In the three years since the arrival of COVID-19, families have struggled to find high-quality, affordable child care for their children. Child care providers have been hard-pressed to find qualified workers to fill their open positions, often because retail and service industry employers have emerged as better-paying competitors. And the early childhood educators who remain in the field have done so despite low wages, rising inflation and high-stress working conditions.
The U.S. Department of Health and Human Services (HHS) has been following the situation — with eyes, especially, on the early care and education workforce, says Katie Hamm, deputy assistant secretary for early childhood development at the department’s Administration for Children and Families (ACF).
Since 2020, HHS has been monitoring data from the field, including data that showed a strained workforce. “It felt like the right time for the federal government to have an explicit focus on this — and one that is cross cutting,” Hamm tells EdSurge.
Earlier this month, ACF announced the launch of the National Early Care and Education Workforce Center — the ECE Workforce Center, for short — to support research and technical assistance for states, communities, territories and tribal nations. With a $30 million investment over five years, the center aims to improve conditions for the early care and education workforce, making it a more attractive field to enter, remain and advance in.
The two main goals of the center are increasing compensation, including wages and benefits, and building a diverse, qualified pipeline of future educators.
These two objectives are equally important and inextricably linked, says Elena Montoya, a senior research and policy associate at the Center for the Study of Child Care Employment (CSCCE) at the University of California, Berkeley.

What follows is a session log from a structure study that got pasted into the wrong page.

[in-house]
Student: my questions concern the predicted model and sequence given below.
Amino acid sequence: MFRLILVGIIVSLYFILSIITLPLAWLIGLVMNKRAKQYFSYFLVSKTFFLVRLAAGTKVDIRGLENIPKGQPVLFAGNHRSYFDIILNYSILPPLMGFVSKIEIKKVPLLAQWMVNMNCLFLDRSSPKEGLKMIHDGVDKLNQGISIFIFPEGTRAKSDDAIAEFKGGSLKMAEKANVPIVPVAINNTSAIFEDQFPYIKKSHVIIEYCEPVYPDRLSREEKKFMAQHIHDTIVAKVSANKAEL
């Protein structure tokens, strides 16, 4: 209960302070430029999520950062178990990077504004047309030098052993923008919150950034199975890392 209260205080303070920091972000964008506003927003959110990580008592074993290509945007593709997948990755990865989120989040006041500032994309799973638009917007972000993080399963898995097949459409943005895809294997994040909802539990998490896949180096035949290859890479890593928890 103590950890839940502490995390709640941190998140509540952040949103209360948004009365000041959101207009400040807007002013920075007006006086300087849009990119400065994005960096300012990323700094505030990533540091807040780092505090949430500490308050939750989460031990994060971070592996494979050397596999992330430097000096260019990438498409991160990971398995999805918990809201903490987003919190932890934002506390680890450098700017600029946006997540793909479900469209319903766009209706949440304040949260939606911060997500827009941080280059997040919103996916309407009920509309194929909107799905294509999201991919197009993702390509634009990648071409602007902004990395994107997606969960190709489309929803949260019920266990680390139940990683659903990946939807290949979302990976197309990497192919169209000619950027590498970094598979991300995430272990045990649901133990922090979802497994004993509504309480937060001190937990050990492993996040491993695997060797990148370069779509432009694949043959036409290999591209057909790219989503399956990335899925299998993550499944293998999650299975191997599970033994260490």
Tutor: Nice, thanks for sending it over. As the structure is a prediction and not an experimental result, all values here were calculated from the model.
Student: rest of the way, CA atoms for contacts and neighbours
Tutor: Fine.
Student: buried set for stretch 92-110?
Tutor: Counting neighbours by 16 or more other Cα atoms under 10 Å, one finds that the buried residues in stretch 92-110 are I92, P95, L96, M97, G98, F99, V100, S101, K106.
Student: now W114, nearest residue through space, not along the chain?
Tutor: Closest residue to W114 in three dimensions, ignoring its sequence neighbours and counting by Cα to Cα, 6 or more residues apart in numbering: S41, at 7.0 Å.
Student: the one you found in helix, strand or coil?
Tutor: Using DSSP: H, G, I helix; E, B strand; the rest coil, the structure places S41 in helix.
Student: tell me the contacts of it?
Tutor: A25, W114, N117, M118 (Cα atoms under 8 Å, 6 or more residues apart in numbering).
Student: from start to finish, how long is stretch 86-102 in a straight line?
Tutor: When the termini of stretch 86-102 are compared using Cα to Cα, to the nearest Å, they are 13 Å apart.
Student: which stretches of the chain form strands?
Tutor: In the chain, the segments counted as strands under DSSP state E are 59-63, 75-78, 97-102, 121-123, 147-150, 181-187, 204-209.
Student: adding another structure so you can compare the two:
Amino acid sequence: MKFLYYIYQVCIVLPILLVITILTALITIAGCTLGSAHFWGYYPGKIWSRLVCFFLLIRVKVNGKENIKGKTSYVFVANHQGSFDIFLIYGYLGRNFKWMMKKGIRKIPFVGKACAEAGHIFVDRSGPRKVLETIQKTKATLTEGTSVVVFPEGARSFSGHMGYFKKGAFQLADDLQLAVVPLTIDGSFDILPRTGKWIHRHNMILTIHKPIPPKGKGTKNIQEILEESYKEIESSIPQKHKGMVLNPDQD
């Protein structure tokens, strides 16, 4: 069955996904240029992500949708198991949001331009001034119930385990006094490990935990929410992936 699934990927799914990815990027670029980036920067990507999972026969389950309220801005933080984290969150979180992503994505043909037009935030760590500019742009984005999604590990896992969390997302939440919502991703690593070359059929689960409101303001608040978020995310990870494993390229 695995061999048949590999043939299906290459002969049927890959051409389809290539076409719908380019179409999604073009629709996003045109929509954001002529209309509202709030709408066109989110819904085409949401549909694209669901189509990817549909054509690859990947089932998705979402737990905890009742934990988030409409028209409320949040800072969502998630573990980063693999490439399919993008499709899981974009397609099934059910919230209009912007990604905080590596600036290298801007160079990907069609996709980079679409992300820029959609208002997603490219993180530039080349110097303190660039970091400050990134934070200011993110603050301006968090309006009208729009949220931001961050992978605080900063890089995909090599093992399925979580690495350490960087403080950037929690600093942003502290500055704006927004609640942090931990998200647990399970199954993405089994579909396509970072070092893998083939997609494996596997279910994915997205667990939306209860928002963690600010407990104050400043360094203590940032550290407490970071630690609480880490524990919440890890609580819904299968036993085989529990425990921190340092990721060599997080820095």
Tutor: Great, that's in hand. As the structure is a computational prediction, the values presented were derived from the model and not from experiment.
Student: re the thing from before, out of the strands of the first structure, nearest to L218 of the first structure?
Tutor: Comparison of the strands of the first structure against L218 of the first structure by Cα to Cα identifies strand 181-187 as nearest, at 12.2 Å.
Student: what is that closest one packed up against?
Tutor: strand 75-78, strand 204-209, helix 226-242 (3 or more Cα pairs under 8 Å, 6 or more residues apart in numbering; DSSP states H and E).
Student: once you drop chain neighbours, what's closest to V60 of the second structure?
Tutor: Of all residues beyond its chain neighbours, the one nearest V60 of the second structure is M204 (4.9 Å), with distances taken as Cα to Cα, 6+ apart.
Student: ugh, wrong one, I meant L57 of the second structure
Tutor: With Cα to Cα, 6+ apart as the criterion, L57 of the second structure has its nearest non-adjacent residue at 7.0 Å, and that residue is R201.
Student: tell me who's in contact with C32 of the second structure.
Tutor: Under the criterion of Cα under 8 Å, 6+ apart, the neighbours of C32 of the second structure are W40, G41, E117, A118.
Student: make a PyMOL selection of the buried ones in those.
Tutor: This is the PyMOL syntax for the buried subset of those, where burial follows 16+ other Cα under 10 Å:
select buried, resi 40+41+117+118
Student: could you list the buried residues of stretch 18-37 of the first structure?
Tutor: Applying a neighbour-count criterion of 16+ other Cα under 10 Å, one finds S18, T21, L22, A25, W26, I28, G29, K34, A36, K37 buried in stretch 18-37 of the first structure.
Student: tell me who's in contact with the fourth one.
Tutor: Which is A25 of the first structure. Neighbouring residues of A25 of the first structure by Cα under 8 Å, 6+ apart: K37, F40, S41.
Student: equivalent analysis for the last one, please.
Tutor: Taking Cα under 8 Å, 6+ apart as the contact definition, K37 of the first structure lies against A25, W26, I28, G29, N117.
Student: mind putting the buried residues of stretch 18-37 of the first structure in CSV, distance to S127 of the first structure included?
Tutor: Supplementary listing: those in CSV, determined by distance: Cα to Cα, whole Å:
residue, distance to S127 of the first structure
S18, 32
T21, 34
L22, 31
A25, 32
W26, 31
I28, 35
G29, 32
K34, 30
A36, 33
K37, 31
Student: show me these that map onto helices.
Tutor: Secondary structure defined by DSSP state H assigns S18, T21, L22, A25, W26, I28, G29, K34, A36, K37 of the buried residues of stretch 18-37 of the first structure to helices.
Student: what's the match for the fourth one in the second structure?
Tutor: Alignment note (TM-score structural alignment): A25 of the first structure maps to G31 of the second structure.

“They go hand in hand,” says Montoya. “In order to recruit and retain educators, you have to address compensation. It’s hard to untangle them.”
Hamm elaborates on the interconnectedness of these two critical challenges facing the field.
“We’ve had chronic issues with the early childhood workforce, because of historically low pay which leads to high turnover. It is not a profession that has historically provided a pipeline where you can come in, work your way up, get more responsibility and earn more money over time,” Hamm explains. “So oftentimes what we find in early childhood is that when people get degrees or credentials, they don’t stay in the field. They leave for K-12 or other educational systems that will pay them a fair wage and provide benefits.”
She adds: “This has been a longstanding problem. But the precarity of the early childhood workforce was really disrupted by the pandemic.”
ACF has tapped Child Trends, a nonprofit research organization focused on children and families, to lead the ECE Workforce Center, in partnership with a number of organizations committed to improving early childhood education, including BUILD Initiative; the CSCCE at Berkeley; ZERO TO THREE; the University of Delaware; and the University of Massachusetts Boston.
Chrishana Lloyd, a research scholar at Child Trends, will be heading up the ECE Workforce Center’s research efforts. Tonya Coston of BUILD Initiative will lead the technical assistance work. Montoya, of the CSCCE, will serve as the bridge between the two.